How do you come back from the dead you ask? If you have to, I think, do it with a bang. In our case, this ruled out re-starting the Wine Rambler with a usual post, such as a review of a steely Riesling. So I went in search of something unusual. And I think it is fair to say I found it, or rather it found me: ladies and gentlemen, boys and girls, I give you a review of North Korean wild grape wine from the DMZ!
Before we venture into the Korean Demilitarized Zone, a few words about the Wine Rambler. Julian and I started this venture purely for our own entertainment almost ten years ago. Over time it grew and changed, and so did our lives. With work and other commitments there was less time for rambling, especially for telling the really interesting stories. Research, interviews, travel and tastings can take a lot of time, and neither Julian's nor my schedule was flexible enough. That is still the case, but increasingly I found I was missing both the writing and the wine community. So, I dusted off the blog, gave it a new interface and here we are. It is unlikely we will ever go back to the olden days of several posts a week, but I am still looking forward to the occasional ramble.
Now, about the wine at hand. This highly unusual specimen came to me directly from the Korean Demilitarized Zone. It turns out that between mines, artillery and two of the largest armies of the world there are gift shops. And one of the delicacies you can buy there are wild grape wines. This bottle was brought to me by a dear and adventurous friend who, rightly, felt I would be very excited to try something unique. The Korean guide however was less excited and, repeatedly, warned my friend that the wine was no good and should not be drunk. Thankfully, that didn't deter her, and so here I sit with a glass full of a rather unappealing liquid, mustering all the courage I have to sample and report back to you.
Usually in a visual description of wine you'd start with the colour, but the first impression of the wild grape wine is dominate by dregs. Lots of black particles swimming happily in the liquid. Did I say particles? Some of them are easily half a centimetre long, so particles gives the wrong impression. This is one of the few cases where 'unfiltered' doesn't promise something exciting but rather an omission that leaves me alarmed. Anyway, the wine itself is decidedly brown, with a red touch that becomes stronger the brighter the surrounding light.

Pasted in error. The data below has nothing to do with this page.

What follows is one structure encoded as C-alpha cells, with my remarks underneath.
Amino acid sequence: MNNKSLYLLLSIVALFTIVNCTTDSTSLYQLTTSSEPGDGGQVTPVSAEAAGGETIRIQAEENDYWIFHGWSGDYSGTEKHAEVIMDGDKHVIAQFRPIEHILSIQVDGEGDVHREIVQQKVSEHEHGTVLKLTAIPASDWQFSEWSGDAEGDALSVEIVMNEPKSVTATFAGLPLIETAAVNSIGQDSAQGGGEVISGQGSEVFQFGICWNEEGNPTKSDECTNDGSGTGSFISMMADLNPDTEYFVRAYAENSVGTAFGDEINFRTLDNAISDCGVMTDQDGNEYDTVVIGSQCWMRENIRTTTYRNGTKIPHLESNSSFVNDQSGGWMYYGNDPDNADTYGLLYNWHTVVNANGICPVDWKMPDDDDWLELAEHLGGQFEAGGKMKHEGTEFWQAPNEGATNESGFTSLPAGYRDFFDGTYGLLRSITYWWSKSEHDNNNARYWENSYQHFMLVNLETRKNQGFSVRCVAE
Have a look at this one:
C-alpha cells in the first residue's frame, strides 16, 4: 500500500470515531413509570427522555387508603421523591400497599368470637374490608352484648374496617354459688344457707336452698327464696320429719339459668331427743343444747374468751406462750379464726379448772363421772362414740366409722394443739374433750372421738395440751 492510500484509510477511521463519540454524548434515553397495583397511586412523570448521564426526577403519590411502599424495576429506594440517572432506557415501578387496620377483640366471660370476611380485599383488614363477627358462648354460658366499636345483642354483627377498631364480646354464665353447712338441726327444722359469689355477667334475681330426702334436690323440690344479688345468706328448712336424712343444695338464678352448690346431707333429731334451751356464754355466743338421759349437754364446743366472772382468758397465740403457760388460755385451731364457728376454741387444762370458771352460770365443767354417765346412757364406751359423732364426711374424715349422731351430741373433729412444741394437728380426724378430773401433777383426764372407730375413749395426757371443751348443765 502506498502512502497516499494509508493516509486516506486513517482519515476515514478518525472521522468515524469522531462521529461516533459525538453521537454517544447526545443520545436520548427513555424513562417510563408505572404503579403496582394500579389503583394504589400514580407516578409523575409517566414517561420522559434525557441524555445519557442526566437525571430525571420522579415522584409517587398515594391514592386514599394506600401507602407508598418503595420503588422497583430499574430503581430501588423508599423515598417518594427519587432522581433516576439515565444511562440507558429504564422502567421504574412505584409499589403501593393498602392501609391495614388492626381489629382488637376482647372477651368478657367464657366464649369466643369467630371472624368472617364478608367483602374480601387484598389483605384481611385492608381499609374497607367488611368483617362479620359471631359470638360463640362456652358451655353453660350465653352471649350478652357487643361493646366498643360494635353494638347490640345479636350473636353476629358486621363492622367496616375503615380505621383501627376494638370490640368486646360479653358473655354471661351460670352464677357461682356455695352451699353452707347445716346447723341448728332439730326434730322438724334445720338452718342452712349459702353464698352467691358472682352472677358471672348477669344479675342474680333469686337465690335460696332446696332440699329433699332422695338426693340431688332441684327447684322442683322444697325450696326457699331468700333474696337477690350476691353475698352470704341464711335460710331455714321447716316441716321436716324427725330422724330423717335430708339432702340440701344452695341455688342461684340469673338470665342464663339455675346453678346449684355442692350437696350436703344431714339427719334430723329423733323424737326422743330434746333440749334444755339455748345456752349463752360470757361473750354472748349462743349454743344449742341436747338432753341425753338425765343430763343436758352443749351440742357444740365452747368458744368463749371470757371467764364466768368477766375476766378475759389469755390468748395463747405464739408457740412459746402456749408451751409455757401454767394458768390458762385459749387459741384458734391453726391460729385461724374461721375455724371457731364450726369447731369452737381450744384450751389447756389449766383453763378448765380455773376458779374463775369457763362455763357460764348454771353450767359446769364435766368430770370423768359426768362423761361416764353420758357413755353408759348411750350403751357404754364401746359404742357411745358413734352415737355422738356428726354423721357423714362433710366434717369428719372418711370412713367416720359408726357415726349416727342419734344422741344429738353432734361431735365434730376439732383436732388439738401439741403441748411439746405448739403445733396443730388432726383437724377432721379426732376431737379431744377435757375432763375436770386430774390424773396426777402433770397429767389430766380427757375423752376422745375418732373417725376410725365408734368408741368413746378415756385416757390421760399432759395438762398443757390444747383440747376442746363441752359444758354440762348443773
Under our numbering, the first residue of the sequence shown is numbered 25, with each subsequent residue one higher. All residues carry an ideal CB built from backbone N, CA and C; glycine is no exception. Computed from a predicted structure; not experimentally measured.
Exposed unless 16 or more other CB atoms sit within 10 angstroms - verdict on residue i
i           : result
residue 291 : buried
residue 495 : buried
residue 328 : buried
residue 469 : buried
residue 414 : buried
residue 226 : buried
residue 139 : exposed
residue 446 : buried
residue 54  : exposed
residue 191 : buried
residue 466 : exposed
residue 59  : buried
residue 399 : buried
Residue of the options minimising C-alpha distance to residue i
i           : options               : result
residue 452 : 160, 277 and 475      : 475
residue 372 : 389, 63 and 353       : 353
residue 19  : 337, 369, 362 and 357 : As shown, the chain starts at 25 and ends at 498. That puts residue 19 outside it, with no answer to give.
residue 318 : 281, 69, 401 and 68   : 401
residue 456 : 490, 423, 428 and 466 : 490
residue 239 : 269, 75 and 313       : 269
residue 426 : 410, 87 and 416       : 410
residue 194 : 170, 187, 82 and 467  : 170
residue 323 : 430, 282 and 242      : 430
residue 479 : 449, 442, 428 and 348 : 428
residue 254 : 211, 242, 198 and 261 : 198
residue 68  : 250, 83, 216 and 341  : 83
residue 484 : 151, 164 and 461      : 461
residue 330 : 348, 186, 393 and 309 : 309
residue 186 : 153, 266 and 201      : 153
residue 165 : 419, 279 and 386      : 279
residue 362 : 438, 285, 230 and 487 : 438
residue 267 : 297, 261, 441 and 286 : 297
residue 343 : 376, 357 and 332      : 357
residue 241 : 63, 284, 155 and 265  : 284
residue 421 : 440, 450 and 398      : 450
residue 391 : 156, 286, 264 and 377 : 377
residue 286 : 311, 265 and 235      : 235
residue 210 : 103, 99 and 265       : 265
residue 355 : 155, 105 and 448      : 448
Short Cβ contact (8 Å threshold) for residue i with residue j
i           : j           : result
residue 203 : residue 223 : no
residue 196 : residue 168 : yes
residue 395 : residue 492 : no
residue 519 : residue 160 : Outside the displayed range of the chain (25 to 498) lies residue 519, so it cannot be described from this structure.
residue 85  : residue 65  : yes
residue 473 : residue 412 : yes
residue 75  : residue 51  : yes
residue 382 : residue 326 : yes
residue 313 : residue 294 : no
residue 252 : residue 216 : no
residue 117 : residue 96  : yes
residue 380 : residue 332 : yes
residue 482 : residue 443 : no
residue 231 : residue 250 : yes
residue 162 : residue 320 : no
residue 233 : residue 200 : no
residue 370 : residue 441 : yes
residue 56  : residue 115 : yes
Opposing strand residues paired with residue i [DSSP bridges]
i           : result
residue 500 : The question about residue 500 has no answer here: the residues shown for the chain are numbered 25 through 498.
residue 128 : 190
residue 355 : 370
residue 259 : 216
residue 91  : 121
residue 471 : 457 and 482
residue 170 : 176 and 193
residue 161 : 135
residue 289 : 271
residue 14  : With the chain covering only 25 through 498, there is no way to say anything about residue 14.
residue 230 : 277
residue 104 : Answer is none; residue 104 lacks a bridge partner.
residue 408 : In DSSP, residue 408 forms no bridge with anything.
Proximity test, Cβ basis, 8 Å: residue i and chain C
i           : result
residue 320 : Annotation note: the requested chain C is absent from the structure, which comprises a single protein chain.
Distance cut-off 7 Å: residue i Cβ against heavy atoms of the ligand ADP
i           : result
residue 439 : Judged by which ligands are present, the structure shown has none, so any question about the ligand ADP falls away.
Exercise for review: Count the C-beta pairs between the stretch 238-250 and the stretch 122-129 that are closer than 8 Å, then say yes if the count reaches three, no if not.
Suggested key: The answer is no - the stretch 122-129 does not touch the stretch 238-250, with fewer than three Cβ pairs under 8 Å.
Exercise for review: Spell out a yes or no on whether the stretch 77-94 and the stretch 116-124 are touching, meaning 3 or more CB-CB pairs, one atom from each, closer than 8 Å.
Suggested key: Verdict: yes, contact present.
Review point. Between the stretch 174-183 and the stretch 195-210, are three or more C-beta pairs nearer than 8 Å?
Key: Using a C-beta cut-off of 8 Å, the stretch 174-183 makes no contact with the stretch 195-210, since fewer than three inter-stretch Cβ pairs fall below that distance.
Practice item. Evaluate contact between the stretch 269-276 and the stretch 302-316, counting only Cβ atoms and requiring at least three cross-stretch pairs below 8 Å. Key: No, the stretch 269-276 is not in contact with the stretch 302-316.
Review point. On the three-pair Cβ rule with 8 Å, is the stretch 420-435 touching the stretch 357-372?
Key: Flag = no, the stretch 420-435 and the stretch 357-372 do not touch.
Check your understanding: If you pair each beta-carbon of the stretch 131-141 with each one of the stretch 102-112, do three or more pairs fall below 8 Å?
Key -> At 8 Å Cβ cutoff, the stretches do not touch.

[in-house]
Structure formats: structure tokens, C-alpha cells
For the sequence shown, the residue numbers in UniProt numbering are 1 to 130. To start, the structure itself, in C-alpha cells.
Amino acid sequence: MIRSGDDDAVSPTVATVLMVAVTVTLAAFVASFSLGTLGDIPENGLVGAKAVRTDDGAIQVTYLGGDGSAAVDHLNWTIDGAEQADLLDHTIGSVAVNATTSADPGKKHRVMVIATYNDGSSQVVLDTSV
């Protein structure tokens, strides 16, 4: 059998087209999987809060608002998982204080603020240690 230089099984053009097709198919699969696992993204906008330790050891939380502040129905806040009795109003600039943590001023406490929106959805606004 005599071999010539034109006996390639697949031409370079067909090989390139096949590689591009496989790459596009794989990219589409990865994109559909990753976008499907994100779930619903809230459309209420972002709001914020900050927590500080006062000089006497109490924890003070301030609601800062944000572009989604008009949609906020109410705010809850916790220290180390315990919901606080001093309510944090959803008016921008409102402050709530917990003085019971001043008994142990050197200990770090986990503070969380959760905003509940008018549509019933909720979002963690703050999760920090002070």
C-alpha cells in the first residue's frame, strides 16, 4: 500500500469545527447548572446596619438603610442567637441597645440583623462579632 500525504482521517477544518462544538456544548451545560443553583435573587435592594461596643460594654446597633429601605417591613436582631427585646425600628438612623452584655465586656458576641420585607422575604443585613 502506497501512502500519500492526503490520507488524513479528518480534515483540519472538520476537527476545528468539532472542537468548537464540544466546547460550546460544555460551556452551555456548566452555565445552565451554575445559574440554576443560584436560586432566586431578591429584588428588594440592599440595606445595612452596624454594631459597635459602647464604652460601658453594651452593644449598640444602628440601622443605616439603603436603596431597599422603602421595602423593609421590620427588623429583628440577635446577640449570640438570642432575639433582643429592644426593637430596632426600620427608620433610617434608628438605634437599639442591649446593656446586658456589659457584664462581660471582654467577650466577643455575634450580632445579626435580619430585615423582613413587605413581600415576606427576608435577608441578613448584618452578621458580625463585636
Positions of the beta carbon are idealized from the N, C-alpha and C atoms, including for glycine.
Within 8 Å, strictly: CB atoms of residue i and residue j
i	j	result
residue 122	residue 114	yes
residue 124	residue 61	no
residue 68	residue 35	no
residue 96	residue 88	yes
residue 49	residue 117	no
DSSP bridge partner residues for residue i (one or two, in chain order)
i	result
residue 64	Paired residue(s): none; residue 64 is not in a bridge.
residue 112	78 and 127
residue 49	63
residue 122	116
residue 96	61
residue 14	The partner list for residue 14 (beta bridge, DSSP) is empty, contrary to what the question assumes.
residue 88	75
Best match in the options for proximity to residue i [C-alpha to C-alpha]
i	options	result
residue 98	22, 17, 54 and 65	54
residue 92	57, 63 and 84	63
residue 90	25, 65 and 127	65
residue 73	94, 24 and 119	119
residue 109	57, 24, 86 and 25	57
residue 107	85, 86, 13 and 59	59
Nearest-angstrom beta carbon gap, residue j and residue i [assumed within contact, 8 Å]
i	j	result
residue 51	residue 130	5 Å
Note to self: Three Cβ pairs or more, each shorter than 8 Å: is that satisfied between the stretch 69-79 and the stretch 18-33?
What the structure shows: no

The smell is equally heavily oxidised, somewhere between musty basement, weak sherry and pears marinated in something really strong. A pleasant hint of flowers, hay and honey is counteracted by a not quite as pleasant sharpness, like a vinegar-based cleaning product, or a cheap red wine vinegar (just not as strong). To be honest, from the looks and stark warning from the guide I had expected worse. If you don't pay attention you could almost imagine sniffing a corked red dessert wine.
On the tongue it oscillates between a not unpleasant sweetness and a sharp alcoholic bitterness that stings a bit. There are hints of caramelised sweets and juicy fruit, perhaps prunes, that by themselves are quite enjoyable. On the top of your tongue the wine almost feels round, but soon turns into something that is both weaker in substance and sharper in bite. The finish has both pleasant and unpleasant elements, but ultimately ends in musty cardboard.
On balance this is much better than I expected, although at the same time far from enjoyable and not something I would ever want to drink. It was an unusual experience though, and as such very fitting to restart the Wine Rambler.